For more than 40 years, demographers and policy analysts have studied the effects of segregation in U.S. society as mostly a black and white occurrence. In recent years, however, and as a result of increasing migration from Latin America and Asia, the focus has shifted to the study of segregation in Latino and Asian communities.
A recent article in The Times on the 2000 Census findings noted that Asians and Latinos have become more isolated from other ethnic groups in what is defined as a "new kind of segregation." The analysis held that increasingly these two groups isolate themselves from the mainstream, particularly in the area of residential integration. But can a term like "segregation," which has negative connotations, appropriately define the concentration of these two ethnic groups in cities across the U.S.?
Are Latino communities really segregated if residents, mostly newly arrived immigrants, choose to live in areas that provide existing networks for employment and social services? Is this need for and, perhaps, dependence on the familiar among Latino communities necessarily a negative? Do immigrant Latino communities differ from other waves of immigrants from Europe and elsewhere who settled near established support systems upon arrival in the U.S.?
Clearly, the answer to these questions is no. Economist Thomas Sowell noted in his book "The Economics and Politics of Race" that "localized origins and destinations are one aspect of a larger set of forces at work in the migration process: high information costs, high psychic costs of confronting an entirely new culture and society, and a need for mutual aid, particularly in emergencies."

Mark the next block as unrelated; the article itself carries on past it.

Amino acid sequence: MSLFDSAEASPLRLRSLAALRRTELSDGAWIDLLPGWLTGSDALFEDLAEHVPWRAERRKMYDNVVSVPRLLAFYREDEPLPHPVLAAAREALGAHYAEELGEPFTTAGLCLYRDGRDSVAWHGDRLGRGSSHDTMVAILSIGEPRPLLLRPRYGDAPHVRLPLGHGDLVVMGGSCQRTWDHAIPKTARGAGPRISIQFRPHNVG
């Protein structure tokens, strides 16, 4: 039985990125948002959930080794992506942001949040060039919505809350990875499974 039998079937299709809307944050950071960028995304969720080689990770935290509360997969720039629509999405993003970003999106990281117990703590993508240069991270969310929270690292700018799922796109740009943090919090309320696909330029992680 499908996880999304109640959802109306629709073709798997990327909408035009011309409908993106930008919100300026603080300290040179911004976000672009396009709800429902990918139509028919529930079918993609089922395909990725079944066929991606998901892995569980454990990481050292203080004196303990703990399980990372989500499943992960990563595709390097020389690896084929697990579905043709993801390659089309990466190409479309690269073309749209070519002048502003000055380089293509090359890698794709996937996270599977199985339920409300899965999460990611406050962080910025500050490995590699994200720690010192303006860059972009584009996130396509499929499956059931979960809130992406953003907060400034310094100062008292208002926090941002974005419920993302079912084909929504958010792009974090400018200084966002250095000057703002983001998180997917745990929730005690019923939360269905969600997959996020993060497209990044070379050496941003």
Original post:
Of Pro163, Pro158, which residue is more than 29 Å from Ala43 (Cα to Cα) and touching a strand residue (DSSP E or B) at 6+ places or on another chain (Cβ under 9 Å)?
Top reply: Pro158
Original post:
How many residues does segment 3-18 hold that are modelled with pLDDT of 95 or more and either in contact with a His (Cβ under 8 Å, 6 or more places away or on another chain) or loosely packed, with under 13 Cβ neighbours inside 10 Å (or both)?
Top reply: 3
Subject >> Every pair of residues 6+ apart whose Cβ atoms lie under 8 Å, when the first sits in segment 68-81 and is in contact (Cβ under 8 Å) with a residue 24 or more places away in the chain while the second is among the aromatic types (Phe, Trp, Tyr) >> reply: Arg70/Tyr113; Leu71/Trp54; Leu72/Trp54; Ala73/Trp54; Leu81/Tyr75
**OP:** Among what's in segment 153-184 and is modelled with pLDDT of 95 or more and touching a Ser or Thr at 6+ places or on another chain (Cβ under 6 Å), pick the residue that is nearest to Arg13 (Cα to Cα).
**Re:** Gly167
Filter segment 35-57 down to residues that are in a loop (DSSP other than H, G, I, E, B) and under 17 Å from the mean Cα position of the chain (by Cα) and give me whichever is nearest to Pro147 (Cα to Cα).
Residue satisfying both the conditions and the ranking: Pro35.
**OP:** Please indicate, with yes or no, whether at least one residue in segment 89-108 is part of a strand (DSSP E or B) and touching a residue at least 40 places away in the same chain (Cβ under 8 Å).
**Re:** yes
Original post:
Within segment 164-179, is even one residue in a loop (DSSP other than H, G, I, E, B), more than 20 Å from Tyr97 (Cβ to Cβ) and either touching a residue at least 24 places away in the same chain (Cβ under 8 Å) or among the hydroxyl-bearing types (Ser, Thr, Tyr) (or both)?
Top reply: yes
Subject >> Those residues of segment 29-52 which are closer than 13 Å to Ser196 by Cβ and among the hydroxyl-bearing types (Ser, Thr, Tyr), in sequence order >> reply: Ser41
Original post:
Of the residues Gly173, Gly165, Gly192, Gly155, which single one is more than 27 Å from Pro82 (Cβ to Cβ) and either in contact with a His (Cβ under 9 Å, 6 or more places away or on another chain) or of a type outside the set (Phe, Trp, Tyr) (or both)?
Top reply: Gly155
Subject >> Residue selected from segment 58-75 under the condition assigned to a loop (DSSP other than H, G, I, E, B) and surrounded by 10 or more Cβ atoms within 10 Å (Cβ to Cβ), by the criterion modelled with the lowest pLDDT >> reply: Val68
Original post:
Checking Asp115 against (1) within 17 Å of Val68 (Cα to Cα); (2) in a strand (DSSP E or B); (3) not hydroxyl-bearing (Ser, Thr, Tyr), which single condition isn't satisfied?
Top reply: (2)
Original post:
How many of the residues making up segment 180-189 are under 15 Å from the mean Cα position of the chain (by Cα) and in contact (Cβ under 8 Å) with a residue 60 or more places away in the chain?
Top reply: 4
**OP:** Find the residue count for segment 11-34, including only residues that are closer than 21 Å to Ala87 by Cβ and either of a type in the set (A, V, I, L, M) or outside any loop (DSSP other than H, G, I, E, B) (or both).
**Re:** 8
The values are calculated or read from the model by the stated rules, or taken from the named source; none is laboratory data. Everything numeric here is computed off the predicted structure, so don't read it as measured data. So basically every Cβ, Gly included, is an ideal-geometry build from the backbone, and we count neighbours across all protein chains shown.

Indeed, preexisting support systems via churches, community groups and social services are crucial to the well-being of immigrants in their new host country. Take, for example, areas in Los Angeles like Pico-Union, where migration from Central America and Korea has created an interesting mixture of cultures and has established the area as a Little Central America and Koreatown. These ethnic hubs provide a familiar environment for the newly arrived and create opportunity for immigrants seeking upward mobility and a means of subsistence. Low rental rates and booming ethnic clienteles in many of these areas also provide immigrants with a chance to establish businesses while revitalizing old neighborhoods.
The city of San Fernando is a case in point. A series of abandoned buildings have given rise to small mom-and-pop shops catering specifically to its predominantly Mexican population. A visit to the local supermarket is accompanied by a visit to the Gallo Giro, a chain of Mexican restaurants and bakeries. Rows of Mexican fine art and pottery shops have begun to line one of the city's main boulevards. What used to be the Viking Bakery is now La Nueva Viking Bakery Panaderia, and so on. A gardener, mechanic, seamstress, plumber, painter, welder, even a baby-sitter, are all within reach.
Support systems like these create familiarity for the newcomer. This is why there is high-density and, ultimately, what some refer to as segregation. This is not a negative, but a plus. This cultural niche will be supplanted by new immigrant groups as future Latino generations become more integrated into the American way of life.